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Tuesday, 29 September 2015 18:30

There Are a Number of Options for Defining When a Project Actually Starts

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One of the characteristics of a project is that there are definite start and end dates. This seems simple enough until you start to define exactly what these dates mean. There is no universally recommended standard for either date. In many respects, it depends on the implication of the decision. You must consider some of the possible options for the start and end dates and see what you think makes most sense. The following options can be considered when determining the project start date:
  • When the Idea is Generated. Some companies seriously consider this option. Some companies try to focus on the time between when an idea is generated and when the idea is fulfilled though a project. Their concern is that it takes too much time to implement good ideas. Tracking a project from the time the original idea was surfaced provides visibility on the total length of time to implement. Unfortunately, it is very difficult to track exactly when an idea surfaced, and there are many variables that might cause projects to be delayed while still in the idea stage.
  • When a Budget is Approved. This definition is a little more concrete than the previous idea. In this definition, an idea has been generated and has made it far enough along that a cost/benefit statement has been prepared. The project has also made it through the prioritization process and an actual budget has been approved. Keep in mind that the budget may have been approved during the prior year’s business planning process. The actual work may not start until the following year. Therefore, this definition again can seem to start the clock too early.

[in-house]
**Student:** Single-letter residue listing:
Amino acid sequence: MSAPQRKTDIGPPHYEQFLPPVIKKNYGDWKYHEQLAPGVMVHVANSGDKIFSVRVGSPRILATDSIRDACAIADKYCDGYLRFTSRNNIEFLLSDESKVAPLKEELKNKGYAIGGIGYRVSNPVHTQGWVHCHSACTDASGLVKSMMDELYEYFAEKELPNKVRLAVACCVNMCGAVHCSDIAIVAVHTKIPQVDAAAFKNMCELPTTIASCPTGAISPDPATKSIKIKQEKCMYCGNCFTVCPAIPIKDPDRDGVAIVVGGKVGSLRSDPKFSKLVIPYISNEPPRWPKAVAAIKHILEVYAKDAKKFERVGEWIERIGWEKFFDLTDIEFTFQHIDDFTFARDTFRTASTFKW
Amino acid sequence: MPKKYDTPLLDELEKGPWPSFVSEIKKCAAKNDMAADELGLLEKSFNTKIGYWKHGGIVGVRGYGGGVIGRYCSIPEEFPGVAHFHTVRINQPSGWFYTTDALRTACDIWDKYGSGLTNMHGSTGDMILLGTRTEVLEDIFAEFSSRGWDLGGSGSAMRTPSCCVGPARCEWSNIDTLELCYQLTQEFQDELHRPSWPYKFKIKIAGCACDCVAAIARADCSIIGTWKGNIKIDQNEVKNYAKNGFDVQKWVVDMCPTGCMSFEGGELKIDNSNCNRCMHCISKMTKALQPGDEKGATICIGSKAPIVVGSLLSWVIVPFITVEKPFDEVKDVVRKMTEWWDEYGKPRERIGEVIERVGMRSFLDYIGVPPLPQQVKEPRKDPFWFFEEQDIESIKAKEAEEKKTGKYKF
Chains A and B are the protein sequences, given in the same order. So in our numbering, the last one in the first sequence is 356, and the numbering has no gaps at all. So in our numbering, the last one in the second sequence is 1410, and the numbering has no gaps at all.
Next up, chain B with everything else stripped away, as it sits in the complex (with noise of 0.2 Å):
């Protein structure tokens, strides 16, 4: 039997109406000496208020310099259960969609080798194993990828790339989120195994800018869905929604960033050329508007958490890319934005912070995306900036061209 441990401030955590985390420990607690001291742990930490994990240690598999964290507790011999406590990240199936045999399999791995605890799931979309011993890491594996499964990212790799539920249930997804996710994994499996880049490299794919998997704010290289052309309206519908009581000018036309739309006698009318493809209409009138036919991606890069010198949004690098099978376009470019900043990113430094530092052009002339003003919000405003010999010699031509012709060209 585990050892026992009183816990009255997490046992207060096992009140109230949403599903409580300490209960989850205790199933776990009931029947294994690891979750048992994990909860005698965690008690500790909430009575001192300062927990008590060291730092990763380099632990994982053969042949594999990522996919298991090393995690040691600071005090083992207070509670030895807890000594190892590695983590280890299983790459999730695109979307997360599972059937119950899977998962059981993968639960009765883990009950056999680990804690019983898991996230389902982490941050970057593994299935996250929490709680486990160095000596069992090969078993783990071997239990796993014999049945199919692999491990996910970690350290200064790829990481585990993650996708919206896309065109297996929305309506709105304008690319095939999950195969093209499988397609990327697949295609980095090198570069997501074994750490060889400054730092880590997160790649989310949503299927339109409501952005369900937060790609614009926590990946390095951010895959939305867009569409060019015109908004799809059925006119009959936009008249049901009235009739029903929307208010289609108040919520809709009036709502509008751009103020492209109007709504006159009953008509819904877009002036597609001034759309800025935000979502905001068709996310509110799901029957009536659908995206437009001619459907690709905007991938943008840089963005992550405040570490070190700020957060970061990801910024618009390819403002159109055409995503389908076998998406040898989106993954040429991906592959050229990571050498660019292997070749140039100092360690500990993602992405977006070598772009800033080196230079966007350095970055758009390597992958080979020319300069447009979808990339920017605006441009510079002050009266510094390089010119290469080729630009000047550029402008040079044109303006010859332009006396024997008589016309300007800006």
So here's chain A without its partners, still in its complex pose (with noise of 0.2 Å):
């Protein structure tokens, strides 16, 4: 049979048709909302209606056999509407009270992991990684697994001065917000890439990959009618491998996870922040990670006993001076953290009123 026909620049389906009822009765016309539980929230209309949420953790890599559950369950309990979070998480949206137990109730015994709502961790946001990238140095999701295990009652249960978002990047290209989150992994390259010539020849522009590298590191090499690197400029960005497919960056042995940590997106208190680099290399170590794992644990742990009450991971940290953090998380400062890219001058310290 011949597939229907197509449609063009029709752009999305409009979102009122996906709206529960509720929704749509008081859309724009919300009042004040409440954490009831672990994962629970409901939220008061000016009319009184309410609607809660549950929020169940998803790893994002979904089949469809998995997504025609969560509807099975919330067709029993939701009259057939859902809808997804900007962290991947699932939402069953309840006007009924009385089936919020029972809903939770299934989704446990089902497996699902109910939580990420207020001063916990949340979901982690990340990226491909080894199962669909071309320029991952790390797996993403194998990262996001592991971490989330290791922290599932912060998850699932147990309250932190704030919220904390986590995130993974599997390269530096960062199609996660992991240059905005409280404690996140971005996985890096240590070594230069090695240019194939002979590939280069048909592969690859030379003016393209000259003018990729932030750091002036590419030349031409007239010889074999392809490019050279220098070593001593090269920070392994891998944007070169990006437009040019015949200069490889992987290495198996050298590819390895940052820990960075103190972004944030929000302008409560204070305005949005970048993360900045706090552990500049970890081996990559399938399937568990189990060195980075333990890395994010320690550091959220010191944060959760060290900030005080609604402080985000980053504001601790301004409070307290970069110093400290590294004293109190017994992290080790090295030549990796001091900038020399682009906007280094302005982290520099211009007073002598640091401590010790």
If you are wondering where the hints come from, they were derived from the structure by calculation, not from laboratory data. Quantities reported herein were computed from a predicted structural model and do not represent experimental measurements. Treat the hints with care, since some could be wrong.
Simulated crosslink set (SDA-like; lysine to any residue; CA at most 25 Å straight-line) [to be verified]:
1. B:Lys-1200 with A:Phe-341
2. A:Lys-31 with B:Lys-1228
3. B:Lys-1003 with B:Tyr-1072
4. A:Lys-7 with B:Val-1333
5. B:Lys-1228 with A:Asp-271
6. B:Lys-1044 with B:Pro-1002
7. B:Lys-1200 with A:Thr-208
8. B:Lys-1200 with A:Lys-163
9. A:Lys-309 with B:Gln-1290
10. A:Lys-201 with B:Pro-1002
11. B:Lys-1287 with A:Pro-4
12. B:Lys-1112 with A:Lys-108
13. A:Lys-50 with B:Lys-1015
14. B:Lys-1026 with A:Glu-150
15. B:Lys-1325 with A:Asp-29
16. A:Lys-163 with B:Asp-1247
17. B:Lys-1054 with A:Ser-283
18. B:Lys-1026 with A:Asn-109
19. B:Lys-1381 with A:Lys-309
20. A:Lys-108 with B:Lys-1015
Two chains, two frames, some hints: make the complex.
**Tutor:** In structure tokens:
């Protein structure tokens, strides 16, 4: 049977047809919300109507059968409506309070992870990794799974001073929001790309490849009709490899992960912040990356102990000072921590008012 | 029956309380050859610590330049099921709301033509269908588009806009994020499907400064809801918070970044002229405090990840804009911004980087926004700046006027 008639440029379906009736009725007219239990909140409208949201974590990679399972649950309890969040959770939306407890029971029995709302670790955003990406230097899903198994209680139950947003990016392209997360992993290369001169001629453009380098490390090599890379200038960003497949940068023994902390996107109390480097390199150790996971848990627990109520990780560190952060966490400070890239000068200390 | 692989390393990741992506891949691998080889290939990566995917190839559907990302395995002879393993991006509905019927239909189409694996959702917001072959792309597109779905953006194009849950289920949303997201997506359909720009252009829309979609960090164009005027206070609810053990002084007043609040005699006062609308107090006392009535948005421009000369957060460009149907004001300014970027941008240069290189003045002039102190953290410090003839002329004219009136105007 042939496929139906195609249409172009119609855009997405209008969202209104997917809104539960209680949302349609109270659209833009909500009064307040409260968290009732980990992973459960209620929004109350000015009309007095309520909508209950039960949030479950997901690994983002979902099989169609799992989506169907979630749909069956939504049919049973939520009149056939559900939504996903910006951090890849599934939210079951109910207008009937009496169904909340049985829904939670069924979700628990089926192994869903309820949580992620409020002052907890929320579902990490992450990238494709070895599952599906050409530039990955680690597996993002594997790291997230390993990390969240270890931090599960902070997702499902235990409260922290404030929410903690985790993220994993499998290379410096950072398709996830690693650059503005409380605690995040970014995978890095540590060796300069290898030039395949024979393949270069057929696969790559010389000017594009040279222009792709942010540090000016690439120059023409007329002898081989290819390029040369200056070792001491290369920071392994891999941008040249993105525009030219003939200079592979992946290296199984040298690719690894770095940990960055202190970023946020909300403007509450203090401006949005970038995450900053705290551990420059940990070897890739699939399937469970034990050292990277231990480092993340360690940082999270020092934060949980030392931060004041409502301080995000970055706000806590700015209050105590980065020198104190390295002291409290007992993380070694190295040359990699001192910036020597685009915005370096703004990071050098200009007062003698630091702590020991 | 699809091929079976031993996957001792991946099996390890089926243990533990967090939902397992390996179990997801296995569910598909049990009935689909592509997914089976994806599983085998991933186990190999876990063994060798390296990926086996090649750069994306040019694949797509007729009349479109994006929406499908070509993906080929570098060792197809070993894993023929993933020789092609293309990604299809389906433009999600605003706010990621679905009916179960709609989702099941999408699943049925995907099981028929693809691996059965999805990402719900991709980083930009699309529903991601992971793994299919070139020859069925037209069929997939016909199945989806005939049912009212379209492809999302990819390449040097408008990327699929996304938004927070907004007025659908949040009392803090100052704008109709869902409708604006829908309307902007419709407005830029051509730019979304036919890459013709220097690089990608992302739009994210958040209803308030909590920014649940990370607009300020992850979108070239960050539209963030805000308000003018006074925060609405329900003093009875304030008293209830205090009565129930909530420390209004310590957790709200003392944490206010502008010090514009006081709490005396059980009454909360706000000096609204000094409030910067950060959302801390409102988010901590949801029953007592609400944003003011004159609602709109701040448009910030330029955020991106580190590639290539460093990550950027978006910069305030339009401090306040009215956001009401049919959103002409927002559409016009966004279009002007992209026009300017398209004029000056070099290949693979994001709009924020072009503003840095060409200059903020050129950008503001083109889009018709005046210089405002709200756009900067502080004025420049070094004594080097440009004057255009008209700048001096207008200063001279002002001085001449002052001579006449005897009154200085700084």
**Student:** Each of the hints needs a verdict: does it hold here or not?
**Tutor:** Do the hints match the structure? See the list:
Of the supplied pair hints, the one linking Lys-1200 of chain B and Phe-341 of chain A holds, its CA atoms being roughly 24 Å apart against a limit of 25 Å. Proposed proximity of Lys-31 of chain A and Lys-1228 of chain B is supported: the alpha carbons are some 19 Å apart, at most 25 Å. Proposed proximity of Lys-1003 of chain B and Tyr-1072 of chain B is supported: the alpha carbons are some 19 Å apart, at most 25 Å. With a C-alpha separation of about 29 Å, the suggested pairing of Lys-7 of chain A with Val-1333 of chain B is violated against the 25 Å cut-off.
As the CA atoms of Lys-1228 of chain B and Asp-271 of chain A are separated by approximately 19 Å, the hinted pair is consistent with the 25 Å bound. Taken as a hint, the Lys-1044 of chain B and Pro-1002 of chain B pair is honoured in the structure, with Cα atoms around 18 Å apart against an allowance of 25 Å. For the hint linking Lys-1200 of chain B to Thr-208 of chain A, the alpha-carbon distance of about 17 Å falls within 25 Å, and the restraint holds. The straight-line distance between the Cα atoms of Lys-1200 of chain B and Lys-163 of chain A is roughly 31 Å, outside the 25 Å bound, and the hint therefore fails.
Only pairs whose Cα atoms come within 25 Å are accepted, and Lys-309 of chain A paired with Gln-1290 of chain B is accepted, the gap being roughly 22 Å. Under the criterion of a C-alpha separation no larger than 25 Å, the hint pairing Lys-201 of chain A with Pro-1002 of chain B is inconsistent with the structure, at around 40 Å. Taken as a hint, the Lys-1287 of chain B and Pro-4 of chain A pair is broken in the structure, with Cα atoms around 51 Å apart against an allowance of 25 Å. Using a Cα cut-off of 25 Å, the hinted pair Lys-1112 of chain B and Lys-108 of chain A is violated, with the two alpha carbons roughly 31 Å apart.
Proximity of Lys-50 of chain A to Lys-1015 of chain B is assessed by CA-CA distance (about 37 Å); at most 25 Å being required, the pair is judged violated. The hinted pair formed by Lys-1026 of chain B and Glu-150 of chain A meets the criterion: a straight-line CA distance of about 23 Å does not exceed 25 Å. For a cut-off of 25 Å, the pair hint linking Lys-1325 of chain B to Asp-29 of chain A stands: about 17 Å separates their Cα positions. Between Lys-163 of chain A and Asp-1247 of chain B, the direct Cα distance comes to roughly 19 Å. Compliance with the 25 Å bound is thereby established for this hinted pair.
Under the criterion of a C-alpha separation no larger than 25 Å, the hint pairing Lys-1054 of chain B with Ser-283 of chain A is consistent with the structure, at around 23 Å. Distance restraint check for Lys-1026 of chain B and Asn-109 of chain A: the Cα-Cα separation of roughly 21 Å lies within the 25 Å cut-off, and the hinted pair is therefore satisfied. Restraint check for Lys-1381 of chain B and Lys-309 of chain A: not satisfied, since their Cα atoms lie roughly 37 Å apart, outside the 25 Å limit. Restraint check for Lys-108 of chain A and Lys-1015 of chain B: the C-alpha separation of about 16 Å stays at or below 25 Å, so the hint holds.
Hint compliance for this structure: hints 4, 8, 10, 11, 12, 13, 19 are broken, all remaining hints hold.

• When a Project Manager is Assigned. This one is more common. It is hard to say that a project has started before a project manager is assigned. When the project manager is assigned, the project planning and definition begins and the major work of the project starts.
  • When the Project Charter is Approved by the Customer. In some organizations, the project officially starts when the customer approves the Project Charter document. Some companies require an approved Project Charter and Schedule before the project team can be allocated. They do this to ensure that the upfront agreement is in place before project work begins.  
  • When the Project Kickoff Meeting is Held. Using this definition, the planning and definition work is considered to be “pre-project” work. All projects start with a formal kickoff meeting between the client and project team. When the kickoff meeting is held, the planning has been completed, the client has approved the work, and the project team has been allocated. The kickoff meeting is the time to tell everyone that the project is ready to begin.
Why is the Start Date Important?

To a certain extent, you might think that it doesn’t really matter when the project starts. Having a somewhat undefined start date does not take away from the fact that the work is a project. It’s obvious that the project started at some point, since there was a point when the work was not in progress and a point where the work is in progress. So, at some point the project did in fact “start.”